Women can choose to combine family and career as Superwoman Jacinda Ardern has done.
Can women juggle between motherhood and leadership? Yes, obviously! Who said women couldn’t do that? Although Jacinda Ardern kept getting grilled on her plans to be a mom—she finally hit back!
She rejected the line of questioning as “unacceptable,” saying pregnancy and child-rearing should not hinder women’s opportunities in the workplace.
“It is a woman’s decision about when they choose to have children, and it should not predetermine whether or not they are given a job or have job opportunities,” she then said.
125 years ago, New Zealand became the first country where women won the right to vote. Jacinda Ardern, the New Zealand prime minister, who was elected in October, revealed in January that she and Mr Gayford were expecting their first child.
Blessed with a beautiful baby girl, Ardern highlighted “Lots of people juggle a lot of things in their personal and private lives, and I’m not unusual in that.”
“Plenty of women have multi-tasked before me, and I want to acknowledge that.”
Helen Clark, New Zealand’s first woman prime minister from 1999 to 2008, said it was “a proud day … gender quality in action”.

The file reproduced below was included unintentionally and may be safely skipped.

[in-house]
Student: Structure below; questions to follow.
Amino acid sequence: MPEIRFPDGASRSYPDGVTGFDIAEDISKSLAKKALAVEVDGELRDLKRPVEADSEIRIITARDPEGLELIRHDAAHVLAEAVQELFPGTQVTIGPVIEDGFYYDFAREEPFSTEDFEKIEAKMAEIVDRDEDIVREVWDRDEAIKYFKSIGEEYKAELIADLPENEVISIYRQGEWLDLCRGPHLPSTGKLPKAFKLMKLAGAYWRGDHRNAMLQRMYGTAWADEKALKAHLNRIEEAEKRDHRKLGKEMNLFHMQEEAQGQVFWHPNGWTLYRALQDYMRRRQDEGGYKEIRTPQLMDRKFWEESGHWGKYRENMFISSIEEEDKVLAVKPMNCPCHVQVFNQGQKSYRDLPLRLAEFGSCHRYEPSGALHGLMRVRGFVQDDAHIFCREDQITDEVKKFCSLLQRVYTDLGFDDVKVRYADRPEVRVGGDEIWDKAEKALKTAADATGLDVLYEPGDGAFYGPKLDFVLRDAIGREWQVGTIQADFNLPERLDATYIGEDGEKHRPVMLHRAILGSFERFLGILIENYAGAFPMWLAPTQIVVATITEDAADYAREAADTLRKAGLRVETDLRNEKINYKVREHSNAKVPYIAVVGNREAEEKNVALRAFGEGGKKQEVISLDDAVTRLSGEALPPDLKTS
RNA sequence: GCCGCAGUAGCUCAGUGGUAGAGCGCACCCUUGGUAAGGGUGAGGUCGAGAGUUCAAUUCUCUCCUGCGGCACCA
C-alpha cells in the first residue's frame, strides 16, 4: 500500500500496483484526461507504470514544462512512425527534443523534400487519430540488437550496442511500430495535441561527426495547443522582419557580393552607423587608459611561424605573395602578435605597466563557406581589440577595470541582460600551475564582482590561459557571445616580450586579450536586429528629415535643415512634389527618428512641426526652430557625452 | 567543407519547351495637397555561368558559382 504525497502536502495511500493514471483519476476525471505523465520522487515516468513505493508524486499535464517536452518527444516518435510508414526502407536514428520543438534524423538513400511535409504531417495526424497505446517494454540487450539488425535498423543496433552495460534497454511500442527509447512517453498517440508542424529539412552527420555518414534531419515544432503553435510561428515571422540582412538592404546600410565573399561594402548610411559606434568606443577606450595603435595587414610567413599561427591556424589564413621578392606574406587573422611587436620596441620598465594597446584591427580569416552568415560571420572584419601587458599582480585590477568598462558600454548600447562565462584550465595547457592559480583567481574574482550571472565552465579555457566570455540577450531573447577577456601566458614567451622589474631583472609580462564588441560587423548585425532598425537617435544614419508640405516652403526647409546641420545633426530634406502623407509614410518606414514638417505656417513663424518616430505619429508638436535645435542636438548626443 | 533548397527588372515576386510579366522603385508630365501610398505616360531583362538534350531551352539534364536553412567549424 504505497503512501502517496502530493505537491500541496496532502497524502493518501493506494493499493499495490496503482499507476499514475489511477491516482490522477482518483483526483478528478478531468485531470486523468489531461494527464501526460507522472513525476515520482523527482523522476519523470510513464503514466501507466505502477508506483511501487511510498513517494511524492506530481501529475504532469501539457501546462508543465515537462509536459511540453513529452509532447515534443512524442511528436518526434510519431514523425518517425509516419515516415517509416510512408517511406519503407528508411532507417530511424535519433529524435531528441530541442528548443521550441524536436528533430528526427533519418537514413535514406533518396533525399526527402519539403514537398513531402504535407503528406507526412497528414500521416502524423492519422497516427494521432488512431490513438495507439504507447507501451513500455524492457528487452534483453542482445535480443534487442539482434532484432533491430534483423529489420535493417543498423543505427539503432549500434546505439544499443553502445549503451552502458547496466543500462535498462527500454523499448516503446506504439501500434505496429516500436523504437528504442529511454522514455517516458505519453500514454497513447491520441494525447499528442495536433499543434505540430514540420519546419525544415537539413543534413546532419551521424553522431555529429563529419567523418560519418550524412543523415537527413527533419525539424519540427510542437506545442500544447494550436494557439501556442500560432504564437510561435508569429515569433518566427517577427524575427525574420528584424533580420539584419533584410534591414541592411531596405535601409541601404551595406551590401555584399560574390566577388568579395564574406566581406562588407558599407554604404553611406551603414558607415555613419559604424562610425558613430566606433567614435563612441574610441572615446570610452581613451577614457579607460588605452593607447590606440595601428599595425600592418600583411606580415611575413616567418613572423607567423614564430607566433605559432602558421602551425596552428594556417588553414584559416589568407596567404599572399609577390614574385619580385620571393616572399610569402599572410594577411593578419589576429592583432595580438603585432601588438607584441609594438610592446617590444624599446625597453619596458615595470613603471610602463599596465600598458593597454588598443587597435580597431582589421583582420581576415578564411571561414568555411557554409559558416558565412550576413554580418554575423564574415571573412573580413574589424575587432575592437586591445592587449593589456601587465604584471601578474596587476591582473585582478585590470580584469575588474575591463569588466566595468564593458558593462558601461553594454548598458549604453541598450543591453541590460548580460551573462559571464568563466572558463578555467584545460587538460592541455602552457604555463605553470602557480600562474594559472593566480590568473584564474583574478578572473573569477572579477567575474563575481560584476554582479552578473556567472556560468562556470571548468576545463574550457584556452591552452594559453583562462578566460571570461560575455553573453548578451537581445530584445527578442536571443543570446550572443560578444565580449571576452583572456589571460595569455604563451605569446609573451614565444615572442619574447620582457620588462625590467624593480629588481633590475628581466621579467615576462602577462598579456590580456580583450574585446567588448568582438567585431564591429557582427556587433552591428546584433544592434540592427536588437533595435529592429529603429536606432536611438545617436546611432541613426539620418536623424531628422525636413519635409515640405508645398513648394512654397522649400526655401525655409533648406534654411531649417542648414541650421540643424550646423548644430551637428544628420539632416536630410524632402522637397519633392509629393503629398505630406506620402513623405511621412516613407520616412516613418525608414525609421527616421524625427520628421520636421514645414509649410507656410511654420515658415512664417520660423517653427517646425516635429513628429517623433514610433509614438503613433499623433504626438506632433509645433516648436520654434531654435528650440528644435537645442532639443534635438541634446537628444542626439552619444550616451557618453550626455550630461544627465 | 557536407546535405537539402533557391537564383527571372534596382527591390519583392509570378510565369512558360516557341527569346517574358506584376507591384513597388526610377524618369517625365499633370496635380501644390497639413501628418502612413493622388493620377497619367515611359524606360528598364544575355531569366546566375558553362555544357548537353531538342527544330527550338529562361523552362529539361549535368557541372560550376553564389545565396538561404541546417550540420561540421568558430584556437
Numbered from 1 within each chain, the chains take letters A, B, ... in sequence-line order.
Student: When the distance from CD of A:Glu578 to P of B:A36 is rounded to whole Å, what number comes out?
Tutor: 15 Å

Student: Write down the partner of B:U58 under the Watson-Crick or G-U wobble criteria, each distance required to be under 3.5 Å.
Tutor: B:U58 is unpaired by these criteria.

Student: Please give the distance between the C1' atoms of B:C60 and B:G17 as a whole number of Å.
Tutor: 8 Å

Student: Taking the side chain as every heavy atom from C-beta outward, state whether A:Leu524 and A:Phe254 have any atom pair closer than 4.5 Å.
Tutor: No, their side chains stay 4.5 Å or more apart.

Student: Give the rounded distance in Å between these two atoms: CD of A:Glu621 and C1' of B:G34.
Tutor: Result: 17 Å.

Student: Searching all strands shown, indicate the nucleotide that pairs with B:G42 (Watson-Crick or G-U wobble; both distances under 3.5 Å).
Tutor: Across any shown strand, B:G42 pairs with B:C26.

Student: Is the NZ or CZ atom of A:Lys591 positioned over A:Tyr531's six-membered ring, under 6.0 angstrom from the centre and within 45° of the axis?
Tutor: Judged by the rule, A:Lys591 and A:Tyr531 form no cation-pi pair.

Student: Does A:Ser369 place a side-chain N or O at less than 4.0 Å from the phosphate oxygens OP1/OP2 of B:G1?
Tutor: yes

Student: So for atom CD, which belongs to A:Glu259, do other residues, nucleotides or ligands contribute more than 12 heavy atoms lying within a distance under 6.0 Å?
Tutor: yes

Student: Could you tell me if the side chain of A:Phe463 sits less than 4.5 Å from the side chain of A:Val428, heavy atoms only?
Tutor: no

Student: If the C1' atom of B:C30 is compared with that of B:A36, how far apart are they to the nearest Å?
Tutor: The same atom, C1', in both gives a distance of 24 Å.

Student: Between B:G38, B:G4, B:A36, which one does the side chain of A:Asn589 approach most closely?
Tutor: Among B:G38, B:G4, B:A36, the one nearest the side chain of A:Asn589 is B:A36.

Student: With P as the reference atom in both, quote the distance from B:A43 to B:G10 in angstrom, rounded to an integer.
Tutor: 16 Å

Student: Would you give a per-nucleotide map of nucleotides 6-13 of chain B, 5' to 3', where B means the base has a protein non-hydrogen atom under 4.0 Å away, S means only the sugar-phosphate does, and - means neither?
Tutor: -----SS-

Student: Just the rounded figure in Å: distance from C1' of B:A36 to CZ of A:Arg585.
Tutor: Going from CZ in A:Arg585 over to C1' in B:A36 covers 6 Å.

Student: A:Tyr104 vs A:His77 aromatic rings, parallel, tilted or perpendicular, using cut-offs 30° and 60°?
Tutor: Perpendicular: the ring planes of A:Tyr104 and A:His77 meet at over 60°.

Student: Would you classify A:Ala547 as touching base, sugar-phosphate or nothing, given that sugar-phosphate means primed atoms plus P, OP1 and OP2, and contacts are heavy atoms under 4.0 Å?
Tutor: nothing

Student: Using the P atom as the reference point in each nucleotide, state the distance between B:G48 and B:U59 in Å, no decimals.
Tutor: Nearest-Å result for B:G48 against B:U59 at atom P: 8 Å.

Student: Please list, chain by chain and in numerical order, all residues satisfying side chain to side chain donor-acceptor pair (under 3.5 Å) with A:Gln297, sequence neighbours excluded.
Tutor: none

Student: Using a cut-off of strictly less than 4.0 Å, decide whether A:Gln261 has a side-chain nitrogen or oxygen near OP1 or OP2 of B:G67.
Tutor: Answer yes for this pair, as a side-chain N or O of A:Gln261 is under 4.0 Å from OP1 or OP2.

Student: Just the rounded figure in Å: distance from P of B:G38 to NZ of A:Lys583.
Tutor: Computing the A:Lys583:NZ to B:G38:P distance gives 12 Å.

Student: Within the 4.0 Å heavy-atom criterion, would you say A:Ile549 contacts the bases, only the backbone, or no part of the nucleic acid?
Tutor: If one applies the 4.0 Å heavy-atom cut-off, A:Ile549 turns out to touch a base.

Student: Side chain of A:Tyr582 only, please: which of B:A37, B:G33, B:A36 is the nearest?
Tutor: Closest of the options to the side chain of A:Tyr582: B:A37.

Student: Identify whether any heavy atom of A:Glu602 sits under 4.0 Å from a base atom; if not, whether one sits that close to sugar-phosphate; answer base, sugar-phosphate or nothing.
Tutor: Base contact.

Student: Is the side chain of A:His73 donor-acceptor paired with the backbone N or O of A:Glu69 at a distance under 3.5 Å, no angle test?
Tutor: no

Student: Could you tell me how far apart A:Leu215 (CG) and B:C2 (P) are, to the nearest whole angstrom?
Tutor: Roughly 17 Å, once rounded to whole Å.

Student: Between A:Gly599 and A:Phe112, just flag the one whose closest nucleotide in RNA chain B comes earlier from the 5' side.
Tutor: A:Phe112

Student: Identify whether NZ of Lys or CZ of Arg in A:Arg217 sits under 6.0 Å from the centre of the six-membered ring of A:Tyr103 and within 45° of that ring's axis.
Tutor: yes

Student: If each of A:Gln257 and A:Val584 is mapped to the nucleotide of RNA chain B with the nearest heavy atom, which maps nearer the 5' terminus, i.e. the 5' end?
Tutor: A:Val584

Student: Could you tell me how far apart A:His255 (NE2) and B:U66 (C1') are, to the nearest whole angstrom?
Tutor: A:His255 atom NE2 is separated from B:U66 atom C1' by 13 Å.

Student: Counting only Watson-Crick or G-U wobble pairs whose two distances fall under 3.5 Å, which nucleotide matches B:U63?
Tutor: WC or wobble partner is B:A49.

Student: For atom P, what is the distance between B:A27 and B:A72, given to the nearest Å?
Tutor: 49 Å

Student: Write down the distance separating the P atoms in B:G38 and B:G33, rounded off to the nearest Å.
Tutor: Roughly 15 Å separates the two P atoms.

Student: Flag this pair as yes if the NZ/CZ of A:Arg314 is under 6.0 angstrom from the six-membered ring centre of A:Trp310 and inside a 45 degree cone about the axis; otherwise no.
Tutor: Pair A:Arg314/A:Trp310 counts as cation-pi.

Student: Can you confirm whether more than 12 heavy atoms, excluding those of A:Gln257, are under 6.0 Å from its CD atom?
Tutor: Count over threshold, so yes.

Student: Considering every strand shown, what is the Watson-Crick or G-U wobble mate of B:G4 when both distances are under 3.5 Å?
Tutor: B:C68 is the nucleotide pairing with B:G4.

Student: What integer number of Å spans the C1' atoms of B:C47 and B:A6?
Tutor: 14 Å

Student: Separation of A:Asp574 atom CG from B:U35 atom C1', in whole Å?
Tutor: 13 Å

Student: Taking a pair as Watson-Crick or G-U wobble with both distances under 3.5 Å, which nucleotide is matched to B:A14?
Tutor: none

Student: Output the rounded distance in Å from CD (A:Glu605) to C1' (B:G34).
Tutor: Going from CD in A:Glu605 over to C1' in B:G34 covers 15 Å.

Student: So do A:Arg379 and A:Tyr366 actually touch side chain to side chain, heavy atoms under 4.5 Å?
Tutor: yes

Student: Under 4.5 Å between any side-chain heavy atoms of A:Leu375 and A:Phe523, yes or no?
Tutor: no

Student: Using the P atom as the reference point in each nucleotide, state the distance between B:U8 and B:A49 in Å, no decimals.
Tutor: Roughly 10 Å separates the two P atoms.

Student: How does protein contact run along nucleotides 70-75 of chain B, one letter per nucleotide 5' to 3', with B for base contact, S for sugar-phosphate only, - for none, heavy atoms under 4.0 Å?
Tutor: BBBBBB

Congratulations to @jacindaardern & @NZClarke on the birth of their daughter 👶🏻today. What a proud day for Jacinda & Clarke & for us all. New life, new hope. Parenting arrangements are #genderequality in action. This is 21st C NZ. #ProudKiwi 🇳🇿 https://t.co/w52w8CJLSJ
— Helen Clark (@HelenClarkNZ) June 21, 2018
— 1 NEWS (@1NewsNZ) June 21, 2018
For young women, Ardern has set an affirmation that women too can have a choice. They can chase their career while being a mother.
“There is no such thing as closed doors to women!”
Why is today a proud day for @jacindaardern, @NZClarke and New Zealand? @HelenClarkNZ: "It sends a message to all women that you can combine career and motherhood." #whānauandwork https://t.co/rs17nYTM60
— Global Women (@NZGlobalWomen) June 21, 2018
For women who do end up having kids, there are—of course—physical demands that only apply to women. But two female politicians recently proved that those responsibilities aren’t incompatible with leadership either.
For young men, Gayford being the full-time carer of a baby sends a powerful message that they too can exercise that choice.
Ms Ardern has said she plans to return to work at the beginning of August.
What lessons are there in this for our world? In my view, New Zealand is showing that no doors are closed to women, that having a baby while being prime minister can be managed, and that it’s acceptable for male partners to be full-time carers.
This is very positive role modelling for the empowerment of women and gender equality.
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